Insight News

Feb 13th

NorthPoint event highlights ACA impact

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As part of the National Health Center Week, NorthPoint Health & Wellness Center, 1313 Penn Ave. N., hosted a Hennepin County Health Innovation Highlights event to discuss the improvements being made in public health care since the passage of the Affordable Care Act.

stella whitney-west  rev2congressman keith ellisons official photoopat web 240jenniferdecubellisNorthPoint Health & Wellness Center is a multi-specialty medical, dental, mental health center and human service agency. The clinic administered through a partnership between Hennepin County and a Community Board of Directors comprising NorthPoint's patients and people who live and work in the community.

According to the center's mission, NorthPoint strives to improve the physical and socio-economic health of the North Minneapolis community through an integrated model of health and human services.

"Community clinics were set up to not only serve a medical need, but also to act as an economic engine in the community," said Stella Whitney-West, chief executive officer at NorthPoint. "Fifty-one percent of our board members are actually patients here and we're really proud of that."

Hennepin County provides health and human services to more than 200,000 residents through a cooperative network.

One innovative highlight is a new program called Hennepin Health, a partnership between the Metropolitan Health Plan, Hennepin County Medical Center, NorthPoint Health & Wellness Center, and Hennepin County Human Services and Public Health. The partnership is designed to better integrates health care and social services in order to reduce the barriers to care for adults who also deal with poverty, chronic illnesses and homelessness, often combined with mental and chemical health challenges.

The new program serves more than 8,800 adults who are not certified as disabled. Each member is matched with a team of coordinated care providers that assesses the member's needs, and works across disciplines to see that those needs are filled.

"We've found that for some complex patients, medical solutions need to be blended with social, behavioral and human services in order to be effective," said Hennepin County Board Chairman Mike Opat. "Locally, the approach has resulted in improved care at a lower long term cost. This is a model that should be replicated nationally. Hennepin Health patients are facing problems that are not unique to Hennepin County or Minnesota."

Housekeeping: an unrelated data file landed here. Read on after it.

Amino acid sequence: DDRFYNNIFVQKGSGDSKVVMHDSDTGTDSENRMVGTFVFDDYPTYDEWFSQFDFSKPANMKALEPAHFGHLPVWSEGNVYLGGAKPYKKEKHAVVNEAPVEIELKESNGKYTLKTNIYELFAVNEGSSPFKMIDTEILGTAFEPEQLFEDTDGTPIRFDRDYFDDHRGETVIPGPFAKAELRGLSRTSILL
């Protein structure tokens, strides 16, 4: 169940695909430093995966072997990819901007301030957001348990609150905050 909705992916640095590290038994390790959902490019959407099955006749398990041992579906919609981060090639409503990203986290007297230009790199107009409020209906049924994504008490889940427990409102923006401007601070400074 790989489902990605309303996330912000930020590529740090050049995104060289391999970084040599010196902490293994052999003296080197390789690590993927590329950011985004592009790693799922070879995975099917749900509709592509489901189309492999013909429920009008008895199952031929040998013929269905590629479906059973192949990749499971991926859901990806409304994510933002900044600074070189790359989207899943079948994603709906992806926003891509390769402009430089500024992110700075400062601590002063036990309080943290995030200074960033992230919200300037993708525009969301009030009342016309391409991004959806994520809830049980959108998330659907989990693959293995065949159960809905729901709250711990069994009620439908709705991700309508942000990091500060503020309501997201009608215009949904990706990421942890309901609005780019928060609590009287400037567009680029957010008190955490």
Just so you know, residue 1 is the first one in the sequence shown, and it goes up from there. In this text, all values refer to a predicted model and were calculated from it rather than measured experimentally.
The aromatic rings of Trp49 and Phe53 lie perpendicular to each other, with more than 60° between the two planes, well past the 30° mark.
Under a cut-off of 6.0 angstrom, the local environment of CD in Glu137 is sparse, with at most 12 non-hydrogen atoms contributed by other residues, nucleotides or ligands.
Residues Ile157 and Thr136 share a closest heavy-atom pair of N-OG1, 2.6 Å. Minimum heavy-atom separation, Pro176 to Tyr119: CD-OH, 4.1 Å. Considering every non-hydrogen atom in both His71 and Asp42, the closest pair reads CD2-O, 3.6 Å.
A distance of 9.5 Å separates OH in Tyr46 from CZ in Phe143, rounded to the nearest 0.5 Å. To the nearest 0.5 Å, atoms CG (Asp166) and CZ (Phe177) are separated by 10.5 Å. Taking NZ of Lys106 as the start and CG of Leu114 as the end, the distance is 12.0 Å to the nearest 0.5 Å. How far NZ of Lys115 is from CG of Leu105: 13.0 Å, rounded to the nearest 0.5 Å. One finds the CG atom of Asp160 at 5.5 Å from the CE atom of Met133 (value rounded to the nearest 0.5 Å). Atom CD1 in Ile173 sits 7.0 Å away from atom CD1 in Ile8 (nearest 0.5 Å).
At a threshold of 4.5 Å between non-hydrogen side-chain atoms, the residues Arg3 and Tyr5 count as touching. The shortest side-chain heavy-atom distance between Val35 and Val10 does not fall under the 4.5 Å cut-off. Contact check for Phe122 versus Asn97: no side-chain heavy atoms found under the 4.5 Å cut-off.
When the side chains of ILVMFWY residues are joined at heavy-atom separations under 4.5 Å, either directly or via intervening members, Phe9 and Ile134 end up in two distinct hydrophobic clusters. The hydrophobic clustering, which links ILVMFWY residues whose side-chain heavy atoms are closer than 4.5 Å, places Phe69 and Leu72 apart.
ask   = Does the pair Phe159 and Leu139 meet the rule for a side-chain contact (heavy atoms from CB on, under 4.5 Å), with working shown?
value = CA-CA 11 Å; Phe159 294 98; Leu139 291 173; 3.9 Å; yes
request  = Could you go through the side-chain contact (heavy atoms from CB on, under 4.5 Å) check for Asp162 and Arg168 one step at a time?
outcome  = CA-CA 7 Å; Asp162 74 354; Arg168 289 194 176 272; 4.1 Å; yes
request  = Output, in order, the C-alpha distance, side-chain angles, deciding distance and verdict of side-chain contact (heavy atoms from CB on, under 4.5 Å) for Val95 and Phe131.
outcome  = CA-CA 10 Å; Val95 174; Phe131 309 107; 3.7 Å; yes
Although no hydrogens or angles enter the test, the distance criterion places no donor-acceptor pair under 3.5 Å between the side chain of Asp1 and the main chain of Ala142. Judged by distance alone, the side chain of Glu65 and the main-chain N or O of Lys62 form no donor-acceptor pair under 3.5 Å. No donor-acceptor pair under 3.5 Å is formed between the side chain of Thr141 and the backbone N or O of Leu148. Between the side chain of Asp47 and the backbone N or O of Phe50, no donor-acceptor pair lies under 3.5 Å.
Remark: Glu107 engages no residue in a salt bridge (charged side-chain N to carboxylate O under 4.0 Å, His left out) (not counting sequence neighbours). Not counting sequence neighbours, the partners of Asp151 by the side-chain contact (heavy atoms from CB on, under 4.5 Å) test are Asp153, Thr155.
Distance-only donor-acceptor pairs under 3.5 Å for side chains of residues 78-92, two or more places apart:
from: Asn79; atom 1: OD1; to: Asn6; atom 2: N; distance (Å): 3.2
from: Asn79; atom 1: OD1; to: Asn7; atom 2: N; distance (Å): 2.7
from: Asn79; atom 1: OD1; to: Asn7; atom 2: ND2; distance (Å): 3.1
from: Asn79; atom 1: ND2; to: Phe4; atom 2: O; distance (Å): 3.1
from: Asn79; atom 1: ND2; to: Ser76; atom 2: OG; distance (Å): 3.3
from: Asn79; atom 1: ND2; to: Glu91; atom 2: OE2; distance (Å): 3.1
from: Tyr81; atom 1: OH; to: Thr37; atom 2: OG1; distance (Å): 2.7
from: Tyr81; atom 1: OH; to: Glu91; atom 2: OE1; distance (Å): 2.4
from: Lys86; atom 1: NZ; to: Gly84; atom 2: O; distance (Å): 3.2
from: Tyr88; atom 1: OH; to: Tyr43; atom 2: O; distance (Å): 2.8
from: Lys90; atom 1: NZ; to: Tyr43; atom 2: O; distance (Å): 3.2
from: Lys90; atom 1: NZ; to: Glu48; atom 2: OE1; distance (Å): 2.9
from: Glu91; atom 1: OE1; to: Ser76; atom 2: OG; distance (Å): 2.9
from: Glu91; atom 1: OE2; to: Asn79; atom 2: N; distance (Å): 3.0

Hennepin County has also been exploring innovative funding structures and service integration that can roll cost savings back into making improvements in patient care, including vocational services to place members in jobs, providing interim housing for high-risk patients and increasing care coordination staff to serve more members inside the health care system as well as in the community.

Integration across systems also allows for better data sharing and helps to break down the barriers to better outcomes.

"I am a firm believer that there are enough dollars invested in health care," said Jennifer DeCubellis, Hennepin County assistant administrator for health. "What makes the biggest difference is how we leverage those dollars to ensure a continuum of services for members and that we are getting the outcomes we want to help our residents experience the best health possible."

These small changes have already had significant impacts on the overall health of Hennepin County residents. According to Hennepin Health, from 2012 to 2013 the use of expensive emergency room services has declined by more than 11 percent. Primary care engagement has increased and more members are receiving optimal care, services for diabetes, vascular conditions, and asthma. Hennepin County also found that members' satisfaction with the care they received improved from 85 percent to 88 percent.

"The most important aspect for me is that people in the system are feeling better about themselves," said Rep. Keith Ellison (DFL-Minneapolis). "We need to build a constituency for health and wellness in the United States. Compassion doesn't have to be expensive; we can strive for the strategies that are cost-effective. I agree that there is plenty of money in the system, however, there isn't an efficient use of those dollars towards actually improving the overall health of the American people."

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